Last update, December 23, 2009
Preparing the Sails for Installation
This has long presented mounting sails on the mast using a jackline process. This was the method in 1999 and had existed in many forms for 30 years. The jackline is a permanent fixture alone the trailing edge of the mast to which the sail is attach by hanks or hooks and other devises. It is laborious to install and to change mainsails. It is know longer used on the racing EC12.
The process is archived on the site and available if needed here.
Tube Sail Hanks
These hanks are attached to the outer edge of the luff of the mainsail. This method is common with sailmakers and builders. The photos shown here will be update. The materials and process is more refined than this.
You should be able to find a 1/8" hard plastic tube at a local hobby shop that will fit in the luff track of and grooved mast. These will be prepared as sail hanks.
Starting 5" from the bottom of the luff, mark locations every 5" up the luff toward the head. You may have to make a slight adjustment as you arrive at the head of the sail. Cut the tubing in 15mm lengths for each mark.
Apply the tube with a quality bonding tape to the luff of the mainsail to form a "hinge" with about 3mm of separation between the luff and the tube. It is important to the set of the sail that this offset distance be consistent. A tongue depressor was used here for the spacing before locking in the tape.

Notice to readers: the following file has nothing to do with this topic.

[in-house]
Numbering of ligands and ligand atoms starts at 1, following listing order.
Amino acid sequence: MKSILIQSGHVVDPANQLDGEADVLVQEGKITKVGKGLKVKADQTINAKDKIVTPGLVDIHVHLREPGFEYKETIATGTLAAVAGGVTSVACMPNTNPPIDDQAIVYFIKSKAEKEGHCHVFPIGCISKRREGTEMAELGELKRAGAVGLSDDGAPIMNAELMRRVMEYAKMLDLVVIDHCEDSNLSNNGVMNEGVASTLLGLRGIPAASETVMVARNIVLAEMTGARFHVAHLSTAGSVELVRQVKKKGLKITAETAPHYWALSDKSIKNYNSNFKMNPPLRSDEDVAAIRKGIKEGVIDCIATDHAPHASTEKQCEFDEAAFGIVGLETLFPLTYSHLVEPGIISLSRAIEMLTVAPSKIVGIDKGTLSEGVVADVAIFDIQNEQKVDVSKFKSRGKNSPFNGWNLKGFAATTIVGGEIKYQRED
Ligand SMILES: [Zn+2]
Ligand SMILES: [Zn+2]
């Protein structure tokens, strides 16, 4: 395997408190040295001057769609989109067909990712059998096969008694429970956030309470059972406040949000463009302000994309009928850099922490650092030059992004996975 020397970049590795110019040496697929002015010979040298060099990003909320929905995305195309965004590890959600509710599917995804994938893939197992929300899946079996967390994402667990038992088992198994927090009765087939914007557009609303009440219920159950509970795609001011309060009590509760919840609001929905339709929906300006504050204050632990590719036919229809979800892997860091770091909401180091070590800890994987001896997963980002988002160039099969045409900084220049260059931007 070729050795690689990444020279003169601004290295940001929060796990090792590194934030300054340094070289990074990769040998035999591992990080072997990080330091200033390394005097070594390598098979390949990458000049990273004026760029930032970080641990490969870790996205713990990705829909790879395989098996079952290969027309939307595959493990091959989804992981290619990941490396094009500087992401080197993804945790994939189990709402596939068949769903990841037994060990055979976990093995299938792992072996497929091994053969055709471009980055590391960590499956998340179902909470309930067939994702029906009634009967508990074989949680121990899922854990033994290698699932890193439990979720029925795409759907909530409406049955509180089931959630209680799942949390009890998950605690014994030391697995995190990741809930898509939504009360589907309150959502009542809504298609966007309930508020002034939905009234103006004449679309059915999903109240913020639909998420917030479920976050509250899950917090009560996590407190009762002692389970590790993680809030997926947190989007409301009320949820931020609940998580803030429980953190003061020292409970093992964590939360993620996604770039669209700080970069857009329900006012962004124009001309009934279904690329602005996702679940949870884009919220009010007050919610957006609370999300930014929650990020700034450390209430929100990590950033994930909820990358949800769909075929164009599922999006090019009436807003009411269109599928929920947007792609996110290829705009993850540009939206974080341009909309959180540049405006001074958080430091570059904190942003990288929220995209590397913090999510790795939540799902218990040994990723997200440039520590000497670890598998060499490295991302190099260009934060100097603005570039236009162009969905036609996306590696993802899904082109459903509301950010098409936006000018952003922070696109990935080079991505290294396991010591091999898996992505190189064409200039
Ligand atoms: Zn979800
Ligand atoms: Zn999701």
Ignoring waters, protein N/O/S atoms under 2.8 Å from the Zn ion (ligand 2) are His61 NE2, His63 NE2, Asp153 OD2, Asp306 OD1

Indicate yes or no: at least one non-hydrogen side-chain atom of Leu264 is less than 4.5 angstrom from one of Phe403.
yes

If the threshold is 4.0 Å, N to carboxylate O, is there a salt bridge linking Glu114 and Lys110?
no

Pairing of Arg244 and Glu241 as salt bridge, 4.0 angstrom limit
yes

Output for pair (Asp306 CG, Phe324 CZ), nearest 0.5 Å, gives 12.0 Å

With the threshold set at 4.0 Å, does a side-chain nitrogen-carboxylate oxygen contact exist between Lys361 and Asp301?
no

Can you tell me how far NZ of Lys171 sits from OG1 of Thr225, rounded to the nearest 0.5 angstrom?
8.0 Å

Play with it. You will get the idea of procedure.
Tie a long line to the clew. This will be camber adjusting line. Tie another to the tack, which will be for the downhaul. Hang up the main till needed.
It depends on how you intend to secure the main at these points. A simple square knot loop can be used during the mounting of the sail to the mast. Spectra will slip when tied this way and to your advantage. Using two small nosed pliers on the tags of the knot, you can pull till the sizing of the tie is to your liking. Then use an overhand finishing knot and a dab of CA glue to secure it.
Jib and Jibstay
Thread a piece of rigging wire through the luff of the jib sail. Some sailmakers have a tightly creased luff seam. If you have trouble pushing the wire at some point in the process begin twisting the wire in little steps and you will get through. Crimp a loop in the wire at the head of the sail. Cut off the excess wire at the tack with about 6" remaining. The loop will connect in the standoff connector on the mast and the excess at the tack will be hard mounted on the boom.
Install a long piece of line at the clew grommet that will reach well past across the foot of the sail. This will be the adjustment for the camber. Tie 10" lines to the tack and head grommets. One will hold the sail down near the boom and the one at the head will be the uphaul.
Tape the excess rigging wire to the sail and hang it back up till needed.
Note: Most of the knot tying, particularly through the grommets on sails, is the Bowline knot with a single over hand knot finish. Spectra line and Spiderwire braided line, which has Spectra in it, will come loose in time despite the Bowline. Hence, the over hand knot. You can also lock either knot with CA glue, if you like.